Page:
Pittsburgh Symphony/Honeck in New York – Stucky’s Silent Spring & Tchaikovsky 5 – Hilary Hahn plays Prokofiev

Silent Spring [New York premiere]
Violin Concerto No.1 in D, Op.19
Symphony No.5 in E minor, Op.64

Hilary Hahn (violin)

Pittsburgh Symphony Orchestra
Manfred Honeck

Reviewed by: Violet Bergen

Reviewed: 26 February, 2012
Venue: Avery Fisher Hall, Lincoln Center, New York City

Manfred Honeck. Photograph: Toshiyuki UranoSteven Stucky’s Silent Spring was commissioned by the Pittsburgh Symphony Orchestra in collaboration with the Rachel Carson Institute to celebrate the fiftieth anniversary of the publication of her eponymous book. Carson, also a marine biologist, is a Pittsburgh native. Stucky wrote that he strived to make a connection between science and music in his tone poem, which is in four interlinked sections titled after chapters in Carson’s book and, finally, the book itself.

The densely scored piece is cinematic in nature, richly evocative of a dark and ominous emotion. The opening, ‘The Sea Around Us’, begins with a murmur in the winds, and repetitive patterns of notes evoke comparisons to waves. The tonal center becomes ambiguous during ‘The Lost Wood’, implying a sense of foreboding that reaches fruition in ‘The Rivers of Death’. Cascades of descending chromatic scales grow in intensity, leading to a lovely echo-effect of violins playing divisi, each desk’s players responding to the musicians in front of them. The final ‘Silent Spring’ section reduces the volume but not the intensity, the music fading away but the emotion lingering. Manfred Honeck led an accomplished performance of this evocative work.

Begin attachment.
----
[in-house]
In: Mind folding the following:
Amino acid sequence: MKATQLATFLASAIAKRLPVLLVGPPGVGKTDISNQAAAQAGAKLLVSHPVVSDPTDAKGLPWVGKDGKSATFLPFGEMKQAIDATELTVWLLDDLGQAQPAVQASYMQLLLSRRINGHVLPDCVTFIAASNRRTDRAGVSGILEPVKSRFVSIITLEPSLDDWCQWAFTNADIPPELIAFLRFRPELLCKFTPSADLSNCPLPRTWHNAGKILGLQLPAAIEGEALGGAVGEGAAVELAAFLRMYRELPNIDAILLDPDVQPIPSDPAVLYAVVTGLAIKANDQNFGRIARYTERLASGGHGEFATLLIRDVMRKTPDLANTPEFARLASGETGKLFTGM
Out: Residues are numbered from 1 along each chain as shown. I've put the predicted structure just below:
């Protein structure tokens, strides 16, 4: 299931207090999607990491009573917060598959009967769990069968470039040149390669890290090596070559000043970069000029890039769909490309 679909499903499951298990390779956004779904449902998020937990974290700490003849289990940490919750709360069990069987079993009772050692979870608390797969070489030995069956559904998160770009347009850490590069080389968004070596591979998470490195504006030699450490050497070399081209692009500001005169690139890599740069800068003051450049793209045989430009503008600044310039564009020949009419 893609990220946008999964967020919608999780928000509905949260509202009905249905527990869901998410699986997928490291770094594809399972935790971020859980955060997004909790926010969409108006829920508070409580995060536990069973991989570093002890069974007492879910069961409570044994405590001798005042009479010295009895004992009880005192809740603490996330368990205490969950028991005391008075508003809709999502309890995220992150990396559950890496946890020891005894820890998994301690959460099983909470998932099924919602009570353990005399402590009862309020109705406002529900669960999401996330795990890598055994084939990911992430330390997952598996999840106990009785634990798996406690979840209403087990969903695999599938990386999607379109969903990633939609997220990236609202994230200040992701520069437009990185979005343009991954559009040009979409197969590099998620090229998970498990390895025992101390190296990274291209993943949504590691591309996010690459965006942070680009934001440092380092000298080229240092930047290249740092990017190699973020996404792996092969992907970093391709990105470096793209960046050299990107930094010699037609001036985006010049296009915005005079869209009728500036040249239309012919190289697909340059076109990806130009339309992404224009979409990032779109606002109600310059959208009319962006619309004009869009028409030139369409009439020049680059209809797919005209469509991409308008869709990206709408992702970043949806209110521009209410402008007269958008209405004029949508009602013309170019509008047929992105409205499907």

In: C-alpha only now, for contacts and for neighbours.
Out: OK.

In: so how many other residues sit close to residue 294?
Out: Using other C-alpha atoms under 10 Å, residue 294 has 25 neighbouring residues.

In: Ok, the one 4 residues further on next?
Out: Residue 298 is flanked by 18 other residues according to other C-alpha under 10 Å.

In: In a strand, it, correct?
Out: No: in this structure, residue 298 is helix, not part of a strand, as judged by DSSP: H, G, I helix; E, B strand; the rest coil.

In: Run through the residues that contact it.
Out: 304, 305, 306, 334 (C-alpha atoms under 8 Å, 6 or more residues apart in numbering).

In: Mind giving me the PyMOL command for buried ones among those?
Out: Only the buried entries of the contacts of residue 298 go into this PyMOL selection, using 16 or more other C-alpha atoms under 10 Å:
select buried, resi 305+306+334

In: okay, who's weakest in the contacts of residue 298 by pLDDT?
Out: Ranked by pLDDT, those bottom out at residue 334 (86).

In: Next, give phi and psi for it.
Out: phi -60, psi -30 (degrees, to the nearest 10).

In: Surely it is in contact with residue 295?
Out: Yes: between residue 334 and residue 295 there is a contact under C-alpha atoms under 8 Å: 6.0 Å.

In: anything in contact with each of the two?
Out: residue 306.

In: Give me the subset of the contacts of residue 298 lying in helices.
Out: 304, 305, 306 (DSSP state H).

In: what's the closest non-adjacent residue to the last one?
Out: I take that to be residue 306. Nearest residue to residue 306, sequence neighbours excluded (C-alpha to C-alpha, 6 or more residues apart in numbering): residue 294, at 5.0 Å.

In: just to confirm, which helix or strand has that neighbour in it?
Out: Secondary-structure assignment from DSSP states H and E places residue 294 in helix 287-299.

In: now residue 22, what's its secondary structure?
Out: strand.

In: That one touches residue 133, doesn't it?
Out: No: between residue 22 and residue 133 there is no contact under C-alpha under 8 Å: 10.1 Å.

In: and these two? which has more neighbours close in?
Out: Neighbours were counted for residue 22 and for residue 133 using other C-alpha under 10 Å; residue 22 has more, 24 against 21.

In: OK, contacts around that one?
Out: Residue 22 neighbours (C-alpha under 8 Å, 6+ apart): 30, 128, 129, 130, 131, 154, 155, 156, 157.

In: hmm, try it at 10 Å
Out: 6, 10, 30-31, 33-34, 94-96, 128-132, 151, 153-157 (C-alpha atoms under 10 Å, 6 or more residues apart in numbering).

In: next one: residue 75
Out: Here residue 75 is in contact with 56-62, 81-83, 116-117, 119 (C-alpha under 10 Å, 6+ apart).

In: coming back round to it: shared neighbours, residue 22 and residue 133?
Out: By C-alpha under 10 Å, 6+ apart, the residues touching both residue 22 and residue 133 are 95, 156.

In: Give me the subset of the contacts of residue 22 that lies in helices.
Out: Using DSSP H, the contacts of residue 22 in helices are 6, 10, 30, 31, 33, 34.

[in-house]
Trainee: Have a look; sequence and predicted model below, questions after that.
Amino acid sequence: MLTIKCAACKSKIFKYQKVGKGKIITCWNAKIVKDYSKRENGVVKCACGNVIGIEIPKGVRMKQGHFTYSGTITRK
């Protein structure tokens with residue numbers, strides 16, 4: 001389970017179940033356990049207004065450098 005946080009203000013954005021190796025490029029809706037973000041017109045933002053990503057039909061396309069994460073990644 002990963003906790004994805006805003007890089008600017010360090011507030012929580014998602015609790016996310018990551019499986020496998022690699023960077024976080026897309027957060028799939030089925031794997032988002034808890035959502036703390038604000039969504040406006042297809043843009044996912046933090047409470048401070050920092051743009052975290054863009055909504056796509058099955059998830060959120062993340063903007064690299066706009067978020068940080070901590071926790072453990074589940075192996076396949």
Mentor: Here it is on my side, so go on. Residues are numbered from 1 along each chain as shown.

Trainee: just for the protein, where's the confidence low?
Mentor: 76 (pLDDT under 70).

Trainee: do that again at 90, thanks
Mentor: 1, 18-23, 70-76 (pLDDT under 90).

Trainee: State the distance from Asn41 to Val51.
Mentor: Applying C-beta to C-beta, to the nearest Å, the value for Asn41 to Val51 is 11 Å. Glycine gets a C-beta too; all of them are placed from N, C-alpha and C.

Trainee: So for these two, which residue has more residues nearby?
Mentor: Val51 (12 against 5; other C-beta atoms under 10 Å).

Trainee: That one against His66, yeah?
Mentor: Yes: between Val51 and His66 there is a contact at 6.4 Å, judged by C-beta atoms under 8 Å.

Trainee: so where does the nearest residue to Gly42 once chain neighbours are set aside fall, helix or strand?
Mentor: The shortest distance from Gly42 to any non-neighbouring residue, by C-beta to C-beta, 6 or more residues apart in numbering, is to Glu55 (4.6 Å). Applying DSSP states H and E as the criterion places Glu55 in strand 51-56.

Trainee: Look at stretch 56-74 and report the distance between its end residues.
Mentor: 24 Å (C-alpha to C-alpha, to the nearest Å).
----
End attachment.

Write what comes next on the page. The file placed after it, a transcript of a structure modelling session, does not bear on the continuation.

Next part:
Hilary Hahn.  Photograph: Kasskara/DGThe orchestra appeared to lose its confidence in the Prokofiev, as Honeck frequently lagged behind the virtuosic Hilary Hahn, the accompaniment unduly subservient. In this lyrical concerto the orchestra should function as an equal to the soloist, enriching the variety of colors and effects, but here the piece came across as emotionless. Hahn attacked the work with an impressive technique and brilliance of tone in her upper range. She emphasized the rhythmic nature of the piece, but its lyricism was lost owing to rigid tempos. There was no breathing space, and her performance, though exciting, felt overly serious, with no sense of playfulness to diversify the mood. Hahn‘s encore, the ‘Sarabande’ from J. S. Bach’s D minor Partita, was exquisitely phrased, smooth and rich in tone, with a keen sensitivity to the notation matched with a highly personal interpretation.

Tchaikovsky’s Fifth Symphony received a lukewarm response at its premiere, dashing the composer’s confidence in the piece. This performance unfortunately verified Tchaikovsky’s verdict. Honeck began with a cautiously stated theme, its phrasing far from relaxed, but the seemingly countless repetitions of this melody were stilted, never changing in the slightest. Tchaikovsky’s considerable genius was forgotten as Honeck had the orchestra play as loudly as possible at every opportunity, with no sense of restraint, and overused in the extreme in the brass. In the second movement the large string section was at its best in louder passages but lacked a sense of purpose whenever the music slowed or softened. Woodwind solos were note-perfect but cautious, emotionality reined in. The third-movement waltz was the least troublesome, its lighter mood kept alive by precisely rendered fast scales, yet ritardandos were unnatural and energy-sapping. In the finale, the heavy-handed restatement of the initial theme felt utterly redundant, and the over-the-top pageantry of the faster passages had a frenetic energy that failed to sustain interest.

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